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11 Nov 2023

Healthy Bladder Habits

By By Erin Lanting, BSc, MScPT

You might be wondering why we are talking about your bladder in this blog, but from a

physiotherapy perspective, healthy bladder habits are very important and strongly connected to

your pelvic floor, lower back & core muscles. These muscles are linked to all sorts of symptoms

and dysfunctions that we see in the clinic on a regular basis. Anytime a patient is seeking

treatment for lower back or hip pain, diastasis rectus, or has complaints of problems like

urgency, leakage, or incontinence, it is important we talk about healthy bladder habits and likely

make a referral to a pelvic floor physiotherapist. If you are pregnant or postpartum it is also

valuable to seek advice on ways to support your pelvic floor health. Pelvic floor

physiotherapists have extra training and certifications beyond what is taught in the regular

physiotherapy curriculum and so can add a ton of value if you’re having issues like the ones

listed above. For the purposes of this blog, I will talk about some general healthy bladder habits

but please discuss your specific symptoms and concerns, if you have any, with a suitable

healthcare professional.

Here are my guidelines:

1.  You should be voiding every 2-3 hours throughout the day and maximum of once at

night. Avoid “just in case” peeing and don’t hold it for more than 4 hours. Why? Urinating

too often can teach the nerves to send signals to the bladder that it needs to empty even

when it doesn’t or on the flip side, the sensors may start to “forget” to tell you that you

actually need to go, creating a dysfunctional bladder.

2.  It should take you approximately 8 seconds to void. If it takes significantly longer, you

likely waited too long and if it takes less time than that, you likely didn’t actually need to

go yet.

3.  The color should be a “mellow yellow”, with the exception that if you’re taking B vitamins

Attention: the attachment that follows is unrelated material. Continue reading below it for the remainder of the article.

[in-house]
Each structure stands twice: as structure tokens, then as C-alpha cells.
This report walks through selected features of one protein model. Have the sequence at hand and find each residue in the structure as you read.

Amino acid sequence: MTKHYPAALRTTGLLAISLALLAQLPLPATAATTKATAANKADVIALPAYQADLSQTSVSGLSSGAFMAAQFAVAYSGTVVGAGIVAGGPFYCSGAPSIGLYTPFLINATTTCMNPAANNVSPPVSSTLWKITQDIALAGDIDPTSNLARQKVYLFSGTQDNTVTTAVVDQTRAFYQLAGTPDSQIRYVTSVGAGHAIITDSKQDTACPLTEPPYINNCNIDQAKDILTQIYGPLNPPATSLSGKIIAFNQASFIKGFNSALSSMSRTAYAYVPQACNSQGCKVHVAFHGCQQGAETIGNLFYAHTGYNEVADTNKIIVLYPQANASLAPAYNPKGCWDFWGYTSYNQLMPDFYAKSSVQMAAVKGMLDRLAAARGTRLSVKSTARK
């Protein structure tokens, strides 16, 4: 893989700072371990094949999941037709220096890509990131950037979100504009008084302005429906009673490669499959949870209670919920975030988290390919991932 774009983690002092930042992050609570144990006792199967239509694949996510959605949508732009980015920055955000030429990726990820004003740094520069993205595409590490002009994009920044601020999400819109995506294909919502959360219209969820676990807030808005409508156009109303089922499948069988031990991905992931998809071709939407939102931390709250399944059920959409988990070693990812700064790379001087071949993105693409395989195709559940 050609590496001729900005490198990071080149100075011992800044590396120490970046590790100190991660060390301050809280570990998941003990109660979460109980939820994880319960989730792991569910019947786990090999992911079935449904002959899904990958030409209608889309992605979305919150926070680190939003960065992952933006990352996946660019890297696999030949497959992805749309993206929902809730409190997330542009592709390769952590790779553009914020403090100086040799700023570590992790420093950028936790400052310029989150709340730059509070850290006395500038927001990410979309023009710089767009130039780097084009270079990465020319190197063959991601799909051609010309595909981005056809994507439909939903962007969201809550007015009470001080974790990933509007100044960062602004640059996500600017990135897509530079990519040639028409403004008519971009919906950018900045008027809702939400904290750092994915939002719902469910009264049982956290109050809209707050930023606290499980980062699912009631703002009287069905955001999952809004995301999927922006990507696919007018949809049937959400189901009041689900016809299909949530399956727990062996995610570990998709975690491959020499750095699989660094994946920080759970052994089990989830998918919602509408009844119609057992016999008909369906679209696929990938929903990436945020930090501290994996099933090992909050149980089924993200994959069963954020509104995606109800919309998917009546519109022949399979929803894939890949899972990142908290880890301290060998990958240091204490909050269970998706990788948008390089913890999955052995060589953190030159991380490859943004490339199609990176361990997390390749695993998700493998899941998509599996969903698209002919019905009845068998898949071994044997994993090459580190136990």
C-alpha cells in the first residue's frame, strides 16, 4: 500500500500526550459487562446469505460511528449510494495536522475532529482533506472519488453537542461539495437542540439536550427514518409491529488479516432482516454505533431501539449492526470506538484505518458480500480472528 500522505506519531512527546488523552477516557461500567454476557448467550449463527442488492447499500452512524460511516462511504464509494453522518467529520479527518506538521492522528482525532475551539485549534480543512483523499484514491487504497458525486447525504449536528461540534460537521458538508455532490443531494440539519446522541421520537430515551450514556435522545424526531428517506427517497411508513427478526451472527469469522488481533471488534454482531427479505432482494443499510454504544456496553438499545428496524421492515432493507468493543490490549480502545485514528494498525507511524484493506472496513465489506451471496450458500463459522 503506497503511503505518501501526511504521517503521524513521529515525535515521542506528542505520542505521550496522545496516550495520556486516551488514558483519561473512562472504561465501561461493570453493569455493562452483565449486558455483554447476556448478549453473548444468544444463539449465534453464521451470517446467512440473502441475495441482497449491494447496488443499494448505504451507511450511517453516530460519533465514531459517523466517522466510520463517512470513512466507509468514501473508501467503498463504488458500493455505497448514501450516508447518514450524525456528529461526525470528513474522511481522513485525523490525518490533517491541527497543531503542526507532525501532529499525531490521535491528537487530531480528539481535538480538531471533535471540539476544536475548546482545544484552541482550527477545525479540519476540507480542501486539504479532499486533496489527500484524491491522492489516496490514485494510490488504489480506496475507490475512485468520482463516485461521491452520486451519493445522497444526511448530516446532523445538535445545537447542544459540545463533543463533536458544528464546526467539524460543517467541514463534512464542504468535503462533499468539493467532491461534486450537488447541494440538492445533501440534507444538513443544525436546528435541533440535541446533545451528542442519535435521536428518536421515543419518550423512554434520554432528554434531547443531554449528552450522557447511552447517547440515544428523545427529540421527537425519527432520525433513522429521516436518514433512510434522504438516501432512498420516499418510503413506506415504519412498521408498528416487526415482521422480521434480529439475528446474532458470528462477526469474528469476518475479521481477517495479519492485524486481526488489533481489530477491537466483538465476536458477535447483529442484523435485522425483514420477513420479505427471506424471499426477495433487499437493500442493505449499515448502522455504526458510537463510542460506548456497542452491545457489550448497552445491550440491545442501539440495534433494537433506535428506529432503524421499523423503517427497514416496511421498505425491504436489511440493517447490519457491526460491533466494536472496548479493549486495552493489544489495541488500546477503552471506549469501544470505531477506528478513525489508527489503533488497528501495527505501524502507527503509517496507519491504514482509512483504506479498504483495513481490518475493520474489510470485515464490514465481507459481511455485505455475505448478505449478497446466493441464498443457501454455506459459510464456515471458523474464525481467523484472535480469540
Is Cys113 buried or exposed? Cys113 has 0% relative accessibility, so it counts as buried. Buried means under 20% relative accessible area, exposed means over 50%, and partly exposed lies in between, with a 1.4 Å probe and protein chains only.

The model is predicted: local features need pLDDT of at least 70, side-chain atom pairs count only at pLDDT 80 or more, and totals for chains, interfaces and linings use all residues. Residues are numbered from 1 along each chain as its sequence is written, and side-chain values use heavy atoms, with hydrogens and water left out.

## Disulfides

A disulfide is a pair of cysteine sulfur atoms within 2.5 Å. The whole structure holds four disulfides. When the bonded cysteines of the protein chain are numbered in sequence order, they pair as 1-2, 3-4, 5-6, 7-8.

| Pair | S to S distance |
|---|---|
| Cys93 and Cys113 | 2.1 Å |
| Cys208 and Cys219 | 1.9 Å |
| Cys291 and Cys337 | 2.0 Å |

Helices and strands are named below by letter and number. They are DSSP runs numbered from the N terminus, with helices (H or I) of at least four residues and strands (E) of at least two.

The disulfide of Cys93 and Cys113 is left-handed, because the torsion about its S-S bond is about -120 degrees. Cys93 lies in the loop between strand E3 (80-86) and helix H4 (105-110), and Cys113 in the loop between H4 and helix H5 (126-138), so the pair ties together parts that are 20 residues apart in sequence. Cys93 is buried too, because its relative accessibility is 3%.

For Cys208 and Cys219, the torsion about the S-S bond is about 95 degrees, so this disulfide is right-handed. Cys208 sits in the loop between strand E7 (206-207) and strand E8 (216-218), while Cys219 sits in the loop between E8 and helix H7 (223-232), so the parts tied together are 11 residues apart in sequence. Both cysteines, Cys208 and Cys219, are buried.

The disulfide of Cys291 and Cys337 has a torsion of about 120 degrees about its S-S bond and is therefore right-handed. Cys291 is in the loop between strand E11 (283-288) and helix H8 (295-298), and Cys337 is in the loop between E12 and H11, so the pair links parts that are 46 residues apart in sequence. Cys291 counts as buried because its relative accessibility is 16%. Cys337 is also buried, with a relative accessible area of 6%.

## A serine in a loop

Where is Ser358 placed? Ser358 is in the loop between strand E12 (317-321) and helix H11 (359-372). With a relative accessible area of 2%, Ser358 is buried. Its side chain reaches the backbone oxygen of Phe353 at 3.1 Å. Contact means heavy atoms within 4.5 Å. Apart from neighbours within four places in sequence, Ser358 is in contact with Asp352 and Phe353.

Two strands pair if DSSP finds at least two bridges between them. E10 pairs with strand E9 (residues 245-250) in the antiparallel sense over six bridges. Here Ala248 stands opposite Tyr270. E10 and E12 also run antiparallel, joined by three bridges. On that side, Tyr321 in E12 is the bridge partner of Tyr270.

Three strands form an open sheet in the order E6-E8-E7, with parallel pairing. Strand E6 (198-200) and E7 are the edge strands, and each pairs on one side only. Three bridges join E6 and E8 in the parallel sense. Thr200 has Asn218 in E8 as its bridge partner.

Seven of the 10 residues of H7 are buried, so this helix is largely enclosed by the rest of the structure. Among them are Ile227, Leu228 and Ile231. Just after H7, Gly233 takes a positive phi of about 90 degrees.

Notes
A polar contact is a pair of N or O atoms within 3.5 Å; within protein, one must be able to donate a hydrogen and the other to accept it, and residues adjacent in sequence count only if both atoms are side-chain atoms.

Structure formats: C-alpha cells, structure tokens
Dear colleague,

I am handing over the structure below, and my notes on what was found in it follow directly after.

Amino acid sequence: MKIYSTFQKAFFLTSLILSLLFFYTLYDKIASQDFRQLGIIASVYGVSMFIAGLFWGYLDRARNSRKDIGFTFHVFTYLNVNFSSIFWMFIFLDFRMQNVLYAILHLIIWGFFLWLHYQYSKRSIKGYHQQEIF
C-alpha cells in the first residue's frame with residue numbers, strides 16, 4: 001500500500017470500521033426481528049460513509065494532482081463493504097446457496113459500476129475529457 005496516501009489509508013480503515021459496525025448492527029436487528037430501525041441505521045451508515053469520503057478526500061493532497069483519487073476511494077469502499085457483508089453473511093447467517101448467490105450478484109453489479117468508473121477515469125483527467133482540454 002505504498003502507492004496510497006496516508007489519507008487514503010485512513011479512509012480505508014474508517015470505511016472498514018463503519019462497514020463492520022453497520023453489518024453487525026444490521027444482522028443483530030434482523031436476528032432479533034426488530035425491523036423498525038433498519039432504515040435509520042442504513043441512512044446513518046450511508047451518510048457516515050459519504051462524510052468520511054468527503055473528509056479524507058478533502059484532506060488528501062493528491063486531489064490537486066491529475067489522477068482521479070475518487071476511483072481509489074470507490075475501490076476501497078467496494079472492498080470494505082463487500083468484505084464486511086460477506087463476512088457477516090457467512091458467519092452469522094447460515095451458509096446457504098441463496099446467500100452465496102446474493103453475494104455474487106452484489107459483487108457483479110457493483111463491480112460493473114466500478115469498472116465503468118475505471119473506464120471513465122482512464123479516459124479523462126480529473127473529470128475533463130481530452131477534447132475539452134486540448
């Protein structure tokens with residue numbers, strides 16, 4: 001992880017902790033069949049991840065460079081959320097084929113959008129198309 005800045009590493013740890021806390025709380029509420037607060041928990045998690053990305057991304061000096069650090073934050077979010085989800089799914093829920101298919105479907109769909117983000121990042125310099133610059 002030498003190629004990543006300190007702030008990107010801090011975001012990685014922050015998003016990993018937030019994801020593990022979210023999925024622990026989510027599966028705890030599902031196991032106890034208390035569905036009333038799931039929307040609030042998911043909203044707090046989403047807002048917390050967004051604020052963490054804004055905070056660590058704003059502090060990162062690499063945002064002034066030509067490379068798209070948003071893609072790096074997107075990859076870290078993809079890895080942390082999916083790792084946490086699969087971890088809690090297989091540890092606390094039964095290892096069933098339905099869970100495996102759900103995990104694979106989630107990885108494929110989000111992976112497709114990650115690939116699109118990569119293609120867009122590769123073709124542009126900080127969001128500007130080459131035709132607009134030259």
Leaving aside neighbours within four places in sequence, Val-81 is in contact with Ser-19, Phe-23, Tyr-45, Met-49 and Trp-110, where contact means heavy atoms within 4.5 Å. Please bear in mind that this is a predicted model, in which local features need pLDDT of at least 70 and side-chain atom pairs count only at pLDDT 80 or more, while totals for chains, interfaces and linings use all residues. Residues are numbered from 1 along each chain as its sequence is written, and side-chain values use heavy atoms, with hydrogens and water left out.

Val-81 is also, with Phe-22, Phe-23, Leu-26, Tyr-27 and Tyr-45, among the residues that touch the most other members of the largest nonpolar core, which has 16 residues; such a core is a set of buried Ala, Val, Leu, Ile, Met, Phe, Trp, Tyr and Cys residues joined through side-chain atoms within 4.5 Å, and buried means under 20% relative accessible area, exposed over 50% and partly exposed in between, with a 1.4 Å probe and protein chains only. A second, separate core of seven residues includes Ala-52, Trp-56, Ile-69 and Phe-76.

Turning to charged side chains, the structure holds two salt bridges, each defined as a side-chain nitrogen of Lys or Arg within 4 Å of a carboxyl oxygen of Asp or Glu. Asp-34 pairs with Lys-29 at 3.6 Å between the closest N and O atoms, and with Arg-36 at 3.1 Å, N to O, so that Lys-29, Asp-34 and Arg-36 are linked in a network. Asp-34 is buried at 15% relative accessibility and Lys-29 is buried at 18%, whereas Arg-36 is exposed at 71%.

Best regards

the color will likely be fluorescent yellow. If your urine is dark in color your tipping

towards dehydration and if it’s clear with no color you may have drank too much water.

4.  Avoid constipation. Why? A full bowel can put pressure on the bladder, leading to

urgency or even obstruct the ability of the bladder to release. Tip! For kids that struggle

with bedwetting it can often be because they are chronically constipated!

5.  Understand the state of your pelvic floor muscles. Contrary to popular belief, not all of

us need to strengthen our pelvic floors with “kegel” exercises. Often we actually need to

first work on releasing the muscles and then move to strengthening. This is where a

pelvic floor therapist can give you more direction.

6.  Try to completely empty at each toilet visit without straining or pushing. Sometimes it

can be helpful to stand up, rock hips back and forth and around in a circle, then sit down

again and see if there is more to empty.

7.  Reduce irritant intake and drink approximately 2L of water daily. Try to limit acidic foods

like tomatoes & citrus, as well as coffee, chocolate, alcohol and spicy foods as these can

irritate the bladder.



Did you know?
An average size bladder can hold two cups of urine before it needs to empty.

A Couple of Giggles
“Happiness is like peeing your pants. Everyone can see it, but only you can feel the

warmth”- Unknown

What happens if you miss the toilet while you’re trying to pee? Urine trouble